Summary: Heart of the South West LEP quietly morphing into …. drum roll… another iteration of the

South West Regional Development Agency

originally cut off in its bureaucratic prime by – the Conservative Government in 2012:
https://en.m.wikipedia.org/wiki/Regional_development_agency

Newsletter:
http://mailchi.mp/heartofswlep/august-heart-of-the-south-west-lep-newsletter

And still as unaccountable and non-transparent as ever – just BIGGER!

“Watchdog concern over “inherently complex” structures of combined authorities”

“The introduction of combined authorities has meant that inherently complex structures have been added to England’s already complicated local government arrangements, the National Audit Office has said.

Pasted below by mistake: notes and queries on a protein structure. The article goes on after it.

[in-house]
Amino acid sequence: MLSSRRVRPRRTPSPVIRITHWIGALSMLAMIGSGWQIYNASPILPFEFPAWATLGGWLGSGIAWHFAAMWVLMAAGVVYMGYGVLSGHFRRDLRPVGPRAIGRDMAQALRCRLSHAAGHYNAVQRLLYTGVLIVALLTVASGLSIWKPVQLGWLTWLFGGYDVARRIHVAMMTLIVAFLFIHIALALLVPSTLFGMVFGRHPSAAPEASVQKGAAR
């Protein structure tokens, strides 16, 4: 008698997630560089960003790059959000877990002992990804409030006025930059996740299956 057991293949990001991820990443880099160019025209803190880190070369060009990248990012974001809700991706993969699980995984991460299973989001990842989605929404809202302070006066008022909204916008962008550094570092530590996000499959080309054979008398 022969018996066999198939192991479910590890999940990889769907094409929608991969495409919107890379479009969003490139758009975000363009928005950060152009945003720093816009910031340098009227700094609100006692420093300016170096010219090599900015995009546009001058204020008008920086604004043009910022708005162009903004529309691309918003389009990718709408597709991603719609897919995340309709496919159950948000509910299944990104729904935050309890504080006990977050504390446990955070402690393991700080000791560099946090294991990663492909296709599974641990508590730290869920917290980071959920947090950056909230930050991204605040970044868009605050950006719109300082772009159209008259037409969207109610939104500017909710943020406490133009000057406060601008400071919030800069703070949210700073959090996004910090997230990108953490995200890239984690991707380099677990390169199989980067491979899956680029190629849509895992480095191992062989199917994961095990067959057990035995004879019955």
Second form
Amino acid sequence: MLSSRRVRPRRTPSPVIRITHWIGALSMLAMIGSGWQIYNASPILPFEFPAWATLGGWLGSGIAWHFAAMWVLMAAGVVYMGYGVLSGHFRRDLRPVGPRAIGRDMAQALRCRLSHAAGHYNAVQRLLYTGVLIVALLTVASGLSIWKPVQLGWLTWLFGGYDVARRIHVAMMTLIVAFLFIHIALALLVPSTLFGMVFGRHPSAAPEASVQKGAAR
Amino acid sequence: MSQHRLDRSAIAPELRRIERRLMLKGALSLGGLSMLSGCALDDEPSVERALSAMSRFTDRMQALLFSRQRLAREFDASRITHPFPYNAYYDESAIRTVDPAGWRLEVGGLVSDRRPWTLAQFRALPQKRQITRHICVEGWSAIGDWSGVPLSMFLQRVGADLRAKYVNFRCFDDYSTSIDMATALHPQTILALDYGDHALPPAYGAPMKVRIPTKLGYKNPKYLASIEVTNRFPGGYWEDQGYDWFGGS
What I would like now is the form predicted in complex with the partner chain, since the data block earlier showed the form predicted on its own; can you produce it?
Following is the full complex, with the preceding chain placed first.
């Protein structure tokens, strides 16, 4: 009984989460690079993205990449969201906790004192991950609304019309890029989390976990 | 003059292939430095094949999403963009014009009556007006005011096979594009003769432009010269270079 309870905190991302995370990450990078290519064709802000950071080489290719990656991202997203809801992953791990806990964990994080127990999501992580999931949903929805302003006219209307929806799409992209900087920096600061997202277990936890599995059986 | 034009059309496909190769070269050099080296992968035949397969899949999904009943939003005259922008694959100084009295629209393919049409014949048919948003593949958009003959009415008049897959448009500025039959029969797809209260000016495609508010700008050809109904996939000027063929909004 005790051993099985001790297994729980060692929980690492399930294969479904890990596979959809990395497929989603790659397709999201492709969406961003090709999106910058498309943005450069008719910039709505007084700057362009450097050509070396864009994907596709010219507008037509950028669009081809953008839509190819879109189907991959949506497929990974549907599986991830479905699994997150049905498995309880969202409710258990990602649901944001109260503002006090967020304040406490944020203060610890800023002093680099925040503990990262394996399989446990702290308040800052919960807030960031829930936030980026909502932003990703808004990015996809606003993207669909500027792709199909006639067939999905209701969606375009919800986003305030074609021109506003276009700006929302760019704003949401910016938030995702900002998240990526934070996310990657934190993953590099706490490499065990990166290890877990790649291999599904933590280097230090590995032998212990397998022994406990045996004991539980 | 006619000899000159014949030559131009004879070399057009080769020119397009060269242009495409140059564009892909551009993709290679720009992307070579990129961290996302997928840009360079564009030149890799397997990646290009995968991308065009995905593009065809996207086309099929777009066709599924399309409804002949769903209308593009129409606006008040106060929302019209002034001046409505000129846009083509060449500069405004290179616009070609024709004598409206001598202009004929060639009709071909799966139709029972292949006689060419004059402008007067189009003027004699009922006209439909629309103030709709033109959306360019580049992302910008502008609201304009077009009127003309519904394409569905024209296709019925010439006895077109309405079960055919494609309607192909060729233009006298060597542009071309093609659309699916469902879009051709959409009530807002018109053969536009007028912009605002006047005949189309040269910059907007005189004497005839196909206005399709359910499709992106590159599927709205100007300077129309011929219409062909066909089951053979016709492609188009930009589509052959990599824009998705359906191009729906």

The evidence that investment, decision-making and oversight at this sub national level was linked to improved local economic outcomes was “mixed and inconclusive”, it added.

In a report, Progress in setting up combined authorities, the watchdog did acknowledge that the Department for Communities and Local Government had worked “speedily” to make sure combined authority areas were ready for the mayoral elections in May 2017.

It also accepted that there “is a logic to establishing strategic bodies designed to function across conurbations and sub-regional areas, and there is a clear purpose to establishing combined authorities especially in metropolitan areas, as economies and transport networks operate at a scale greater than individual local authority areas.”

The report also found:

There was a risk that local councillors would have limited capacity for the overview and scrutiny of combined authorities.